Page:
Wolves big man Nikola Pekovic‘s surgically repaired right Achilles tendon continues to bother him, and he’s frustrated as a result while he plays his way back into shape, Jerry Zgoda of The Star Tribune writes. “I’m still not pain-free. I’m still feeling pain,” Pekovic told Zgoda. “It’s kind of a little of everything. I’m just learning to play with pain again. That’s the biggest adjustment. And, of course, when you don’t play for 10 months, what do you expect? Come back in two games? It’s not possible.”
“We appreciate the fact that Pek’s dealing with something I can only imagine,” interim coach Sam Mitchell said regarding the center’s struggles. “He’s doing the best he can to play through it, play as much as he can and get his game back to as close as it was. If he can do that, it’d be a minor miracle and it’d help us out. We just take it day-by-day and whatever Pek can give us, we have to be appreciative of that.”
Here’s the latest from out West:
- The Grizzlies will have a difficult time extracting value out of Jeff Green and his expiring contract if they decide to deal him prior to the trade deadline, Bobby Marks of The Vertical on Yahoo Sports opines in his deadline primer for Memphis. The team should hold onto point guard Mario Chalmers, who has solidified the position off the bench, and would likely come to regret parting ways with him down the stretch considering the lack of quality backup guards available around the league, Marks adds.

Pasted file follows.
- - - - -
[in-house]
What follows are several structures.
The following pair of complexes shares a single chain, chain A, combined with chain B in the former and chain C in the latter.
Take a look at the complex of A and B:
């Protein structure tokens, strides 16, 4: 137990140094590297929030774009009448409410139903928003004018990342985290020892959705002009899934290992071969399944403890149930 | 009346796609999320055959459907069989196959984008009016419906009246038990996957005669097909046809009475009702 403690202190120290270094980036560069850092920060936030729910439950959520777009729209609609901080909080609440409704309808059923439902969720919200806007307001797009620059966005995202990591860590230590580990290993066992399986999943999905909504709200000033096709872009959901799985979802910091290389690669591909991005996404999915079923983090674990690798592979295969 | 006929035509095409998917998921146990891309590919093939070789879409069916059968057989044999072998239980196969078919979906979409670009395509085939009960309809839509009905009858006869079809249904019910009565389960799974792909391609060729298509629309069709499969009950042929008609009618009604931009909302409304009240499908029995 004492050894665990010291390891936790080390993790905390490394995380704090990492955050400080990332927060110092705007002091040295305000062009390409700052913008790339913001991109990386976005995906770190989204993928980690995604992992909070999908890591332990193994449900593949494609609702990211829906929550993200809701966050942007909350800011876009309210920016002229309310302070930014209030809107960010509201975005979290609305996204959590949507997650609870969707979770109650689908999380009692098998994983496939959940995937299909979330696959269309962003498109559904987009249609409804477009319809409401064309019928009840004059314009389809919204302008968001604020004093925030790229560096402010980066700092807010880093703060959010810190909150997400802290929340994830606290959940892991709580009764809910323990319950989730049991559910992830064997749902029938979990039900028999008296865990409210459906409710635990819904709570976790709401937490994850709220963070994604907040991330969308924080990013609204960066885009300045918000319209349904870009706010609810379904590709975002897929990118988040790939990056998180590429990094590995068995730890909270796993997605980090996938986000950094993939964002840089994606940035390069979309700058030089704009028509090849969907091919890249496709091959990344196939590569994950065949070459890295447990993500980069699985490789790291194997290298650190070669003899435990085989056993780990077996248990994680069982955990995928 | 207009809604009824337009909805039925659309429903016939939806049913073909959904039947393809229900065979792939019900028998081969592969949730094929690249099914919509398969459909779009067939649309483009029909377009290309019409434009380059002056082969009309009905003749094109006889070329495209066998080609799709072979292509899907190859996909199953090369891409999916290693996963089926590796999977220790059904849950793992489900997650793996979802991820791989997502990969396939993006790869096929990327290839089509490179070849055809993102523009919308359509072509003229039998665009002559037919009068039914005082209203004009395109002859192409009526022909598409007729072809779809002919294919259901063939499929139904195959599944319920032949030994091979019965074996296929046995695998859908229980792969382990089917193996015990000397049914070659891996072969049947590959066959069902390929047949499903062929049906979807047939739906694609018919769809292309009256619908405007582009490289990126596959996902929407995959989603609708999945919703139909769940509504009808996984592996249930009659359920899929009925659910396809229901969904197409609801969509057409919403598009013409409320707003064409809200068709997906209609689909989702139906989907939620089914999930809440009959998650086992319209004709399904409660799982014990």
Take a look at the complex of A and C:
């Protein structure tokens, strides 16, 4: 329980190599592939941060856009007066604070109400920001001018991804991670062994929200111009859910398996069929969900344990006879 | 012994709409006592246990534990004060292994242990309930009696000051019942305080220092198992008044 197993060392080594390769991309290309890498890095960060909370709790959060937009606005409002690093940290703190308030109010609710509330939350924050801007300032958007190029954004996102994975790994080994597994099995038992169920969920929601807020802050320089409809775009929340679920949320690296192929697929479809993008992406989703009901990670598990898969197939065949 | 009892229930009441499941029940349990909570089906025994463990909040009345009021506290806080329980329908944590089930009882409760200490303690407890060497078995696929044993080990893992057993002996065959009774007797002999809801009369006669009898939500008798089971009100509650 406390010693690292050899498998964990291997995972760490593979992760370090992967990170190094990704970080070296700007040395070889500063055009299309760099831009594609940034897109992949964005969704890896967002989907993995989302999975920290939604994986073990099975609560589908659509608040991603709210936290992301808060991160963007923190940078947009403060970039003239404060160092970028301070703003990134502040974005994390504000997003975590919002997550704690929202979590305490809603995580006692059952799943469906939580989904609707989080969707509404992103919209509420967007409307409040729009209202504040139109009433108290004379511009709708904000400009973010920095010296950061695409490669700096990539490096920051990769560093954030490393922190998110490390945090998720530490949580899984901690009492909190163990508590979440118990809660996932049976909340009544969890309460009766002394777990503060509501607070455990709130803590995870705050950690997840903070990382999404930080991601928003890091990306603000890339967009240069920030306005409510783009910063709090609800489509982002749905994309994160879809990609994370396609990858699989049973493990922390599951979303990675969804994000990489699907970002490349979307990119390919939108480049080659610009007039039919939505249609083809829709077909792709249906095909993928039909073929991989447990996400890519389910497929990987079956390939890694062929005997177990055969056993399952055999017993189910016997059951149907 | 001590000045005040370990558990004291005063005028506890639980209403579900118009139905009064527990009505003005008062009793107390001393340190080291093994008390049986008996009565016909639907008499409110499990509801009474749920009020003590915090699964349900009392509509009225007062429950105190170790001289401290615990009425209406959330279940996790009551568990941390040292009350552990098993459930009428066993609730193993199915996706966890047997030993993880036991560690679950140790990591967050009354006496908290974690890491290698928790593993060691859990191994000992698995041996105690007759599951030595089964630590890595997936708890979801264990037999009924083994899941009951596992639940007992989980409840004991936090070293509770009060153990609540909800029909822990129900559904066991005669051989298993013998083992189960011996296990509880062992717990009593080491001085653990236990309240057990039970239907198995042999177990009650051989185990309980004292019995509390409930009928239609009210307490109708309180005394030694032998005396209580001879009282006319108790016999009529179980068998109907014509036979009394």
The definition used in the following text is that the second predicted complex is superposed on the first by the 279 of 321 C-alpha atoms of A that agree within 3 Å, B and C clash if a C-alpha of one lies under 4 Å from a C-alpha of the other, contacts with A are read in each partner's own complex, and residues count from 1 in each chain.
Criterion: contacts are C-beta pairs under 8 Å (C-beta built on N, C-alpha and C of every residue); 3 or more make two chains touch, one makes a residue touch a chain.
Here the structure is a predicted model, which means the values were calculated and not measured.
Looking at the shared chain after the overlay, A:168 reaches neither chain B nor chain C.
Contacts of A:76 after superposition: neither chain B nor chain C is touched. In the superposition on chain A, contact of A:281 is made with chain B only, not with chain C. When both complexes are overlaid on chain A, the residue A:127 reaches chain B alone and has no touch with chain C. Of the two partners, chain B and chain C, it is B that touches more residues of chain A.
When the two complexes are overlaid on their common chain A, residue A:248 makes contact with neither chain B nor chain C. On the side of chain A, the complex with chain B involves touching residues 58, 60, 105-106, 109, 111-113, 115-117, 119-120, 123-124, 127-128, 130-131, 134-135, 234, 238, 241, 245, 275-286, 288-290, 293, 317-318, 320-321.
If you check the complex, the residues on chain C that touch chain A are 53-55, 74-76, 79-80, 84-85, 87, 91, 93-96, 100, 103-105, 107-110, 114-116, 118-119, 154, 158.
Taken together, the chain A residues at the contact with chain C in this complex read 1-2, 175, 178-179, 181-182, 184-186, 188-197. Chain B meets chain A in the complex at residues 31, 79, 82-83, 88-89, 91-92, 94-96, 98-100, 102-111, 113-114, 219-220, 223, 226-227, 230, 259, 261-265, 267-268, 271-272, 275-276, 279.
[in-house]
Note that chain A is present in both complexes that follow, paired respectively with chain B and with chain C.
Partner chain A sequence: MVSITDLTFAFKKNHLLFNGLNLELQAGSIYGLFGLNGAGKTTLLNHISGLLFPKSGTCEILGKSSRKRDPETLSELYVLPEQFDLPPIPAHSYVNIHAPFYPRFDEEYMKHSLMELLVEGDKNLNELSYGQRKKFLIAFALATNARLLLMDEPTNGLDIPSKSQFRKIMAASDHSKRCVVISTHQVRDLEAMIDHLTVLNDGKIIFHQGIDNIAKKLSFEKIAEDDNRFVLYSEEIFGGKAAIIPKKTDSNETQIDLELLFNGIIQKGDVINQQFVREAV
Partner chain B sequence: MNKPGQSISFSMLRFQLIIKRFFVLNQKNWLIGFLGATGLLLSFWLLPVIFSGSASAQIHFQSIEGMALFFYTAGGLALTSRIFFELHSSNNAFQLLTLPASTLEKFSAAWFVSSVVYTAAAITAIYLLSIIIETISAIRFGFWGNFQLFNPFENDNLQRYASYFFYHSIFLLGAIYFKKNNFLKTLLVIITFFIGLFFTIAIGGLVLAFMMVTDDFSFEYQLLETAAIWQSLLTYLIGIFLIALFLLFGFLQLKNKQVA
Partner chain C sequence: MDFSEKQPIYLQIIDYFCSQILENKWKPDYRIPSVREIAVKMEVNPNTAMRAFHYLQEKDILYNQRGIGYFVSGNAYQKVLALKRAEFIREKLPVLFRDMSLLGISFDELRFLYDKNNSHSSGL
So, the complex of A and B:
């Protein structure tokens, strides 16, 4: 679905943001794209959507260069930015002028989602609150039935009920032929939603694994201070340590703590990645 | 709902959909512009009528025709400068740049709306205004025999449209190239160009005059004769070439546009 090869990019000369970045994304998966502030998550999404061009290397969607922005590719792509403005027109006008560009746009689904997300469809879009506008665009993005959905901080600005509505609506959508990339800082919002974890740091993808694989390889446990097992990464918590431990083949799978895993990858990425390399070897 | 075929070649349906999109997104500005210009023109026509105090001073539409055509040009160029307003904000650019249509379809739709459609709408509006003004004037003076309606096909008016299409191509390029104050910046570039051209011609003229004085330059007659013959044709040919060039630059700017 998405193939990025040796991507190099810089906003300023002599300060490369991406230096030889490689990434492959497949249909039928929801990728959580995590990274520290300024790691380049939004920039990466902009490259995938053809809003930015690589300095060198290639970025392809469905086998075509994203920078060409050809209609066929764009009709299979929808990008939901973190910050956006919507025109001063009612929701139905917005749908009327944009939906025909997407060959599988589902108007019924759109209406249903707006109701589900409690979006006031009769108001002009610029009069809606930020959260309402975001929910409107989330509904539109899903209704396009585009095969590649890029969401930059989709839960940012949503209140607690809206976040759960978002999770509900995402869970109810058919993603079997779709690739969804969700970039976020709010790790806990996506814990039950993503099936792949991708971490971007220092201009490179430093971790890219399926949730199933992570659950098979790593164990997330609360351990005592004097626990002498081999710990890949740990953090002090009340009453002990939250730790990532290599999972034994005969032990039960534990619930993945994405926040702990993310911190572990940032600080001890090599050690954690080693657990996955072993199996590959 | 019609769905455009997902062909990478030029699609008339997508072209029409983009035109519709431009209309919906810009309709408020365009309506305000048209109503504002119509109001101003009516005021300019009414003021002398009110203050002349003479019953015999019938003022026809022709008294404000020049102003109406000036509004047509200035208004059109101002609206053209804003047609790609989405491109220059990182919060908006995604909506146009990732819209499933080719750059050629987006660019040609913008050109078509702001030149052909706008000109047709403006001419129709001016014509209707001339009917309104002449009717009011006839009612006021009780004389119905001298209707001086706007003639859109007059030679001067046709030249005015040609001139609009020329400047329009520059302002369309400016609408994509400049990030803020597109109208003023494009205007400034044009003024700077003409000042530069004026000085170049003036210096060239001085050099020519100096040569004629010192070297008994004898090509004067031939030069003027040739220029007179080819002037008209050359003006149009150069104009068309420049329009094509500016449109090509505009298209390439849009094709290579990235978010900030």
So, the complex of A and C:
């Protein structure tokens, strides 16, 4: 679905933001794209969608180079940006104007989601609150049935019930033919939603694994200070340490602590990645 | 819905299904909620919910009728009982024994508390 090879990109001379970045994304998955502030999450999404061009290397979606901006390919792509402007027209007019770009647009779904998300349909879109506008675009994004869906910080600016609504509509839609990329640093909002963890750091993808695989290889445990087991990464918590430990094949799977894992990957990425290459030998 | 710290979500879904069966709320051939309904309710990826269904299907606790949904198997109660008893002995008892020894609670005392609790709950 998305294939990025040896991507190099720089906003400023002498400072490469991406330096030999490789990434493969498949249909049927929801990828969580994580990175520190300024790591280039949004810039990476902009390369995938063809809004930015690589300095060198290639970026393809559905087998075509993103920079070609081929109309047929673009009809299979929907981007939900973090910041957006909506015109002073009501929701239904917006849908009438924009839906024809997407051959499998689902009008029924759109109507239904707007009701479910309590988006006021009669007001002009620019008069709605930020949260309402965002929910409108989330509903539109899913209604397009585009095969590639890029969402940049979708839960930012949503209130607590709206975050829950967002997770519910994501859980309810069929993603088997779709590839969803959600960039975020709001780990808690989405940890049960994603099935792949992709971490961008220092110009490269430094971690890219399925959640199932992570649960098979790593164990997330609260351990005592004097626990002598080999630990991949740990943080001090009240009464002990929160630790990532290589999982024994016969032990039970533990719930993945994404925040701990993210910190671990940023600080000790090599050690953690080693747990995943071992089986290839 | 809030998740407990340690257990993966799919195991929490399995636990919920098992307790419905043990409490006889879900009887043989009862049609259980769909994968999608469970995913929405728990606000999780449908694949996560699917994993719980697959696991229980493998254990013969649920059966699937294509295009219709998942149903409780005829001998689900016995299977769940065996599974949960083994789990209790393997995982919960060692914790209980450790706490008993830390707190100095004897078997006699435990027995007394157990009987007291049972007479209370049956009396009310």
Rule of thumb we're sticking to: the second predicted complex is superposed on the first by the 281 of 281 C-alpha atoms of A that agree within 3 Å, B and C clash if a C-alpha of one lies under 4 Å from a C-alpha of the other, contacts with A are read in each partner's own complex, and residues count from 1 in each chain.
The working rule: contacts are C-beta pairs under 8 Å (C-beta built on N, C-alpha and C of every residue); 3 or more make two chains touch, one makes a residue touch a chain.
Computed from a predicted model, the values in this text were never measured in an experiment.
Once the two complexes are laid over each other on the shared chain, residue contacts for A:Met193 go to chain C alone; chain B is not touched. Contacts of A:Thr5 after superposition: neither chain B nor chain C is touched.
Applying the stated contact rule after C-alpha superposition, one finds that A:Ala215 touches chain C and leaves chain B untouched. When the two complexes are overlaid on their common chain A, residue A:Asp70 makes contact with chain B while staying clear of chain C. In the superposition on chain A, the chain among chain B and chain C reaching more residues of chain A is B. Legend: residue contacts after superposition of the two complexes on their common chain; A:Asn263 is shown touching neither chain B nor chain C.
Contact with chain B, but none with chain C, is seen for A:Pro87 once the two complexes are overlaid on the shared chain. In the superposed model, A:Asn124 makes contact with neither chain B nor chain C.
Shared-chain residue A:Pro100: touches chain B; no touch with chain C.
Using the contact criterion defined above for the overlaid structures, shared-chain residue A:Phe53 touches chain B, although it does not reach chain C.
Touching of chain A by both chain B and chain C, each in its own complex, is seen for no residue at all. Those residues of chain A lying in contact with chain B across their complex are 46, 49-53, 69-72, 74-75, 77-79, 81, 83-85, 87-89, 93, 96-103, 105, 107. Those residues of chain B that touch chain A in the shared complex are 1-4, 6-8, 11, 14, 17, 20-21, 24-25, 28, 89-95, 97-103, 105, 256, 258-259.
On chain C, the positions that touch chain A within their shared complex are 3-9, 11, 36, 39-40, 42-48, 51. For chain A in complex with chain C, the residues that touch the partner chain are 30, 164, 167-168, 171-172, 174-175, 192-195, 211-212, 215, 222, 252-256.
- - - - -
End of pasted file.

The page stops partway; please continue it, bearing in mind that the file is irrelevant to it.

- Nuggets camp cut Matt Janning has signed with the Russian club Lokomotiv Cuban, the team announced (translation by Emiliano Carchia of Sportando). International journalist David Pick notes (on Twitter) that Janning’s deal includes an option for 2016/17, though it is unclear if it is a team or player option.
- Kobe Bryant acknowledges that the Lakers‘ struggles this season have changed his approach and perspective, in this, his final year in the league, writes Kevin Ding of Bleacher Report. “It’s just us not being as competitive as we used to be has changed my role substantially,” Bryant said, “to be more of a teacher, more of a coach, to a person who understands more and has more patience in dealing with the young guys. It’s much, much different in that aspect.“